When dermatologists speak about light damaging your skin, they are usually talking about the harmful rays of the sun coming at you from millions of miles away. But another form of light, much, much, closer to home is raising concerns about its long-term impact on our skin and complexion. The unique kind of light emitted by computer and smartphone screens combined with the ever-increasing amount of time we spend in front of our devices may be damaging more than just our eyesight and attention spans.
Our screens emit high-energy visible light (HEV), also called blue light. HEV is the higher-frequency, shorter wavelengths of light in the violet-blue band in the visible spectrum. HEV is also emitted by sunlight and fluorescent lighting but the amount of time we spend with our faces in close proximity to the tablet, smartphone or computer screens is why the focus of current research into the effects of HEV exposure focus on our devices.
A recent study by Unilever Skincare Research concluded that four days in front of a computer is just as damaging to skin as 20 minutes in the mid-afternoon sun. Another study detected increased pigment production in skin exposed to blue light, which raises the possibility that chronic exposure to computer and smartphone screens carries an increased risk of pigmentary disorders such as hyperpigmentation.
There are also studies that show that HEV gives off infrared radiation, which in turn harms the skin and may lead to premature aging of the skin by releasing cell-damaging free radicals.
One well-established problem with blue light exposure is that it can interfere with our sleep patterns and the quality of our sleep, especially if we are consumed by work or our social media feeds right before heading off to bed. A lack of good sleep is also a well-established culprit for several skin problems, such as dark circles under the eyes. When you don’t get enough sleep, the blood vessels and capillaries under your eyes may dilate, creating a dark tint. This may also cause them to appear puffy, as fluids can leak out into the skin.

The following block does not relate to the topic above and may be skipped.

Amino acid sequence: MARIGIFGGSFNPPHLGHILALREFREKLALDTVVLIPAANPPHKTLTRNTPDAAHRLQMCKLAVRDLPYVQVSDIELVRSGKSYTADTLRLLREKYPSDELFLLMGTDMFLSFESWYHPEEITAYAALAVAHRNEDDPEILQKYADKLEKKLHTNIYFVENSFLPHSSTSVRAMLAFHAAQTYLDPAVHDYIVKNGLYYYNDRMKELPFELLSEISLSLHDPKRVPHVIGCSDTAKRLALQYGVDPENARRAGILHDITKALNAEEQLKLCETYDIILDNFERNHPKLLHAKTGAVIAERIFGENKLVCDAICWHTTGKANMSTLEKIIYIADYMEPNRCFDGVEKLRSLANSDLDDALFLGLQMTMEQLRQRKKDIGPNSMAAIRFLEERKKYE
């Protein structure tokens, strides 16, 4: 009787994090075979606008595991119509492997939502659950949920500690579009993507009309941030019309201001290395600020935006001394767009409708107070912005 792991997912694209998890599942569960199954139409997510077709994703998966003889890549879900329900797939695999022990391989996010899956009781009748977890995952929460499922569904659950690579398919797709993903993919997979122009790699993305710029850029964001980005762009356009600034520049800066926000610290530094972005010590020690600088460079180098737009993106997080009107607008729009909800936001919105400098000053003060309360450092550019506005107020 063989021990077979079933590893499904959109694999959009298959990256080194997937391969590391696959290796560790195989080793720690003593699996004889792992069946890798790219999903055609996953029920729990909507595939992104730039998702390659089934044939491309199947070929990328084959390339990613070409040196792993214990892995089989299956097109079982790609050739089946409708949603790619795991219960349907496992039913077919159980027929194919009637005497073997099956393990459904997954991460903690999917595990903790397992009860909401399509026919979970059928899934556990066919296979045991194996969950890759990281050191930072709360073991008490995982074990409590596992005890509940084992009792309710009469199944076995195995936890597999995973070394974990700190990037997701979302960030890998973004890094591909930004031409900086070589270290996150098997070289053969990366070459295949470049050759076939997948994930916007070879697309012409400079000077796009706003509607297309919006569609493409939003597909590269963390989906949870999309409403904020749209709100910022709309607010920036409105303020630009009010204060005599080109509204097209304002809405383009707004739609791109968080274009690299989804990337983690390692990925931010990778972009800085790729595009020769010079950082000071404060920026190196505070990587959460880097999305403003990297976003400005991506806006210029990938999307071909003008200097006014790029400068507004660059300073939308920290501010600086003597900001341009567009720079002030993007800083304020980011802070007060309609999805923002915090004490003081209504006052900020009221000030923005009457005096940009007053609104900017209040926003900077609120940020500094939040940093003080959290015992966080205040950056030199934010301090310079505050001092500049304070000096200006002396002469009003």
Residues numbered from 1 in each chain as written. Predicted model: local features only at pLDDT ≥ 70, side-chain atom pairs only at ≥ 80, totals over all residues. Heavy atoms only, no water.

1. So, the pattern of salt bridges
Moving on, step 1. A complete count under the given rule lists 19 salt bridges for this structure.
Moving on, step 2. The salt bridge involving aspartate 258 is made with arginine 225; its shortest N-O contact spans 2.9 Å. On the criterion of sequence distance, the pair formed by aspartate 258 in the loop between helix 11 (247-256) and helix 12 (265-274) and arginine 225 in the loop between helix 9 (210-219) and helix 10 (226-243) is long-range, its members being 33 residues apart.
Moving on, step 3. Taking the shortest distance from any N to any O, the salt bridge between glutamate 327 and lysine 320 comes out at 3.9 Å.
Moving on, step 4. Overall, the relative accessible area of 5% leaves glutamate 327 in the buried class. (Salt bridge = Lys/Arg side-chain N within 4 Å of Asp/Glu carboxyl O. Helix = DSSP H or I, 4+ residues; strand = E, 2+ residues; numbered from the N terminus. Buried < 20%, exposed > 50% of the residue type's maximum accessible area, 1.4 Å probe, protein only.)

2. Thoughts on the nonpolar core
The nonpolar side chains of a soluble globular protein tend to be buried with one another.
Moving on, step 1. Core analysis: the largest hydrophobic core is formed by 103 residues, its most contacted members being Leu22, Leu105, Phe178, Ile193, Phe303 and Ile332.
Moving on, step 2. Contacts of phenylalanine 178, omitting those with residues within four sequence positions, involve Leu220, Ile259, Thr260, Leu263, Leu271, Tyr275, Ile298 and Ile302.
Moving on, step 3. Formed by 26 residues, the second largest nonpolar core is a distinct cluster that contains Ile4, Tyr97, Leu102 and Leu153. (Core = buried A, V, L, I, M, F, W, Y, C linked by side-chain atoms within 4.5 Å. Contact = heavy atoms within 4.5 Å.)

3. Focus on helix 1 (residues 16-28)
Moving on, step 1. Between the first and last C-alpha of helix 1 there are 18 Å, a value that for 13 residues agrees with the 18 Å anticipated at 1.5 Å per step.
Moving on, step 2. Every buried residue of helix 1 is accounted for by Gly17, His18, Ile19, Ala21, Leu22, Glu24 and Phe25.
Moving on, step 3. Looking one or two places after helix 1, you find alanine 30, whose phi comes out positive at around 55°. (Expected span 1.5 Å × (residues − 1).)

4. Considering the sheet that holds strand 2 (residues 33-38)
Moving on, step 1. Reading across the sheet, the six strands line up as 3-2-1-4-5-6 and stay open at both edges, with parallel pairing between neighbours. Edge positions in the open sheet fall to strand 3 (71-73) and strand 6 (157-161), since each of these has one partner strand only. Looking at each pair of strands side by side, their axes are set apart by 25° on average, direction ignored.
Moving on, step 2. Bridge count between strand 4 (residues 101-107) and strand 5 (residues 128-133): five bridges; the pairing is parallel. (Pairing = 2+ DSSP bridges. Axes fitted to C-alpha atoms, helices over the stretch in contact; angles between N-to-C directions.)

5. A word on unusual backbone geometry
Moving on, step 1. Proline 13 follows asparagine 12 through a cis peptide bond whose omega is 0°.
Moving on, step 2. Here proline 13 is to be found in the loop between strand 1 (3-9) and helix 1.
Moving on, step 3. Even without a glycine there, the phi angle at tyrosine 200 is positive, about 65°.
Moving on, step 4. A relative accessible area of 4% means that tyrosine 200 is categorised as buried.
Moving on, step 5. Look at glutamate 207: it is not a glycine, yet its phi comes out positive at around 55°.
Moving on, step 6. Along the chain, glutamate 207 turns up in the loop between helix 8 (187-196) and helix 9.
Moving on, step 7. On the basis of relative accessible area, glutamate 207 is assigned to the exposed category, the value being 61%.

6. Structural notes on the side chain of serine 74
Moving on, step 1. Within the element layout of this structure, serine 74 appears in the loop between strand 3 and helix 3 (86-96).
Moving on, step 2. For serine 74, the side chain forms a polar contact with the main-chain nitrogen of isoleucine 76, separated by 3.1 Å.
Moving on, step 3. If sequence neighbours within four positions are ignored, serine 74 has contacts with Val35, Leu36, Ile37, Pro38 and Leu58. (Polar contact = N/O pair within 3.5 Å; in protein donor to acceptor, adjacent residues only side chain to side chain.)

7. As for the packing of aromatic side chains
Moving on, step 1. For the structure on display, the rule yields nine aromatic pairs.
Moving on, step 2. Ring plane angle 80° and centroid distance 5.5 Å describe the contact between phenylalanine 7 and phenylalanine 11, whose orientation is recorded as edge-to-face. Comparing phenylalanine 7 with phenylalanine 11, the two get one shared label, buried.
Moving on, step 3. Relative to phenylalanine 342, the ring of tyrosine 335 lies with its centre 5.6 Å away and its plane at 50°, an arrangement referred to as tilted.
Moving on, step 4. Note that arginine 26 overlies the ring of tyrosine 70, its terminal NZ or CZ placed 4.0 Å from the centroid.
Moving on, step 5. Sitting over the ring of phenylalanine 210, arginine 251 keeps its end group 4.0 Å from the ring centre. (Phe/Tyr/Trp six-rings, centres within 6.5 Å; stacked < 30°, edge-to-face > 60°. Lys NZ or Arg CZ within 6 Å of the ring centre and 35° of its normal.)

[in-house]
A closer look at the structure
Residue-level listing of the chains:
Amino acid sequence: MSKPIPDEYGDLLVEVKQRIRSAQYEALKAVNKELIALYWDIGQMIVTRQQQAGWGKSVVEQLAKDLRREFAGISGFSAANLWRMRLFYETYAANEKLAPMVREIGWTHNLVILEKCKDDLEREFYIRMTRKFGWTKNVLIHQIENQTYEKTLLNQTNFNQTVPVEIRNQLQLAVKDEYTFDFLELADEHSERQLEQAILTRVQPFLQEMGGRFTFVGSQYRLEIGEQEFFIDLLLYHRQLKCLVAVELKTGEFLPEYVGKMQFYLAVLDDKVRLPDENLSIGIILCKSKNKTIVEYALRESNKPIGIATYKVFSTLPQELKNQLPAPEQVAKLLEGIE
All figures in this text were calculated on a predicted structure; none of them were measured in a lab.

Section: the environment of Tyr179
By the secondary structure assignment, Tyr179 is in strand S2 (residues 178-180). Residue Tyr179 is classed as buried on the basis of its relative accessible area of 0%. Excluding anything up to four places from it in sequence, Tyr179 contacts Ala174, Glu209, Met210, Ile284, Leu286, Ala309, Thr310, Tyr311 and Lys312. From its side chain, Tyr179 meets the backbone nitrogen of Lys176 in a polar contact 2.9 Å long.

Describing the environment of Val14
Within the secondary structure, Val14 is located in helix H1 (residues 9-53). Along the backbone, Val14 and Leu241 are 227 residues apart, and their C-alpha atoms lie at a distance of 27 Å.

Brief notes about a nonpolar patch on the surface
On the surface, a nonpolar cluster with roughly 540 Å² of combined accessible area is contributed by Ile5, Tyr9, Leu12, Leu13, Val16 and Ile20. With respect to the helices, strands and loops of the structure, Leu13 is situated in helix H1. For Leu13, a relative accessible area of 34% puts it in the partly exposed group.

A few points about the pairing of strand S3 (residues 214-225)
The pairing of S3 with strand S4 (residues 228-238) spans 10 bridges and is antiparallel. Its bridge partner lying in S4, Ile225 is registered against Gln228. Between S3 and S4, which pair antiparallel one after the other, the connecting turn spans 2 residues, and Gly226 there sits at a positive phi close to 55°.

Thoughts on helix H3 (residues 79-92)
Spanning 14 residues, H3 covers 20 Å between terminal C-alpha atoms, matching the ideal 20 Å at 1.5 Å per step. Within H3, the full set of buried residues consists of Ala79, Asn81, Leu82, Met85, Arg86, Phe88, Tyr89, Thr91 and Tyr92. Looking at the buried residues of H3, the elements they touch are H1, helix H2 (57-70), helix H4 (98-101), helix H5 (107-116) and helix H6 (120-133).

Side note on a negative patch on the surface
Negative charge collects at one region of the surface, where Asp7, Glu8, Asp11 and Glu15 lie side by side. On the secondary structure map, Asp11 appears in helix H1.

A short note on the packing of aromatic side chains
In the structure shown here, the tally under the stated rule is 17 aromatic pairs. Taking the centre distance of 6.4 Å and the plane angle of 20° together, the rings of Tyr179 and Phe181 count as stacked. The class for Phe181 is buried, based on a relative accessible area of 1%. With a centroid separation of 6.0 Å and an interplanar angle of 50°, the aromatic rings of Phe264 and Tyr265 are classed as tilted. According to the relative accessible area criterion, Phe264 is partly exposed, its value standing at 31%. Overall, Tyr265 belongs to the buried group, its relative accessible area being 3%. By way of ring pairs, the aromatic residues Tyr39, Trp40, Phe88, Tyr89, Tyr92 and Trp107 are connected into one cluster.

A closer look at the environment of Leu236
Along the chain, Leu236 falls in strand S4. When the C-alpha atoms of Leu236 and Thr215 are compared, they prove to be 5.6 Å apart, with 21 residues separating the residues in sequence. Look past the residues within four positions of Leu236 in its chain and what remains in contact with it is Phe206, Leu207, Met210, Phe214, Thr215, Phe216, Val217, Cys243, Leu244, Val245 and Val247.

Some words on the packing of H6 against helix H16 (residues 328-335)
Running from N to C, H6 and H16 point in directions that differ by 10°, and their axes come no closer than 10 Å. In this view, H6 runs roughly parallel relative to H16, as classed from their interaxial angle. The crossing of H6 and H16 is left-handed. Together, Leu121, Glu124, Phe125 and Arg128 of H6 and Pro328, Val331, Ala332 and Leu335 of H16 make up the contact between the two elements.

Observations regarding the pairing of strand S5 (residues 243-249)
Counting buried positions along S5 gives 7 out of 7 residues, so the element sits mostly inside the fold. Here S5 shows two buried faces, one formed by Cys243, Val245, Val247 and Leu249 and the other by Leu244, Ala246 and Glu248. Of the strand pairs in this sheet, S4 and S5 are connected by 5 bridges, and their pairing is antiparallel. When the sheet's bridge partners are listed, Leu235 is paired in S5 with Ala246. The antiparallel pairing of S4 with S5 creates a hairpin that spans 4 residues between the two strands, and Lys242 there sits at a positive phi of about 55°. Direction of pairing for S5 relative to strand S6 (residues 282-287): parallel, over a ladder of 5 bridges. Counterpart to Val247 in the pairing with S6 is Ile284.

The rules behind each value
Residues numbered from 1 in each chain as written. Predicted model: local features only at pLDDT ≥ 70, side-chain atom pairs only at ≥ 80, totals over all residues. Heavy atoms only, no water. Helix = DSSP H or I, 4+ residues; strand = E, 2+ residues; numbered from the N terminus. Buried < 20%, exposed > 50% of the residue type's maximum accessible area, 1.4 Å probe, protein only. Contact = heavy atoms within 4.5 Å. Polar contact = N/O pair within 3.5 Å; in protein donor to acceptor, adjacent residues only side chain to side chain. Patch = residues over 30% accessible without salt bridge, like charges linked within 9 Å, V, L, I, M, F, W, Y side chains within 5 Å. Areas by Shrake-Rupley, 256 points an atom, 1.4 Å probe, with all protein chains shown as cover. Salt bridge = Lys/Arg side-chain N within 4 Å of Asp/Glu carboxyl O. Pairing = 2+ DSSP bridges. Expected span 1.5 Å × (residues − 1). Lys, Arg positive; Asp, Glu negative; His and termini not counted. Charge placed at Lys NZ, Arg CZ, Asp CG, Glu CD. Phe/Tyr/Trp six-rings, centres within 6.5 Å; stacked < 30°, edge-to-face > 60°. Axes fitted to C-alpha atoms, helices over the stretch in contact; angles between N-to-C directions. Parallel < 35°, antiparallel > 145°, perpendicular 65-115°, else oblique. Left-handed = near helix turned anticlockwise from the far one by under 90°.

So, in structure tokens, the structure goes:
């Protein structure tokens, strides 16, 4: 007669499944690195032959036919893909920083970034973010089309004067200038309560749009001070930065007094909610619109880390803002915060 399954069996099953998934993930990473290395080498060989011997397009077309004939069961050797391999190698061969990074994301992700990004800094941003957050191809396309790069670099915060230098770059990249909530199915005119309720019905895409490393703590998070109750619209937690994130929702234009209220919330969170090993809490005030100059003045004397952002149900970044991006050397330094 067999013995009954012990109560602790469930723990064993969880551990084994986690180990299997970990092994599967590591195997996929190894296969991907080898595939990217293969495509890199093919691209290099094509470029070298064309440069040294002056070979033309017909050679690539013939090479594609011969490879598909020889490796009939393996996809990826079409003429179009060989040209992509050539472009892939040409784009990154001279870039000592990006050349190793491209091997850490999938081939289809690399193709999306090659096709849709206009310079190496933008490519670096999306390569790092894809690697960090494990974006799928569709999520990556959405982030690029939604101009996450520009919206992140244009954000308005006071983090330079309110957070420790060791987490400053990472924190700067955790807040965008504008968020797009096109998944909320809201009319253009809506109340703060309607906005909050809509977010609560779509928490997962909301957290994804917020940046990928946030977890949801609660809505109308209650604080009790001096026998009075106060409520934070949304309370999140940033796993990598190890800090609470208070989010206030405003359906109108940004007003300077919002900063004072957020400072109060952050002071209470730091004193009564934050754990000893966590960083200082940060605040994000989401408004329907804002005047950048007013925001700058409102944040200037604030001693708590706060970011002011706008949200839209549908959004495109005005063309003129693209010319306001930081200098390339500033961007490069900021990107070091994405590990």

The foregoing studies notwithstanding, there is no broad consensus as to whether “screen face” is a significant problem. While you shouldn’t be thinking about turning your laptop in for a typewriter, you may want to ease up on the screen time and ditch the phone an hour or so before you go to bed. There is a very good chance that doing so may help your skin and body’s overall well-being, even if you miss a few of your friends’ vacation photos on your Facebook feed.
Dr. Mariano Busso: Your Partner in Healthy Skin
An expert in all things skincare and aesthetics, Dr. Mariano Busso has coached physicians all over the country on his innovative techniques and quality of care. Call our Miami offices today at 305-857-0144 to schedule your consultation and learn more about how we can partner with you for better skin and an increased sense of confidence and well-being.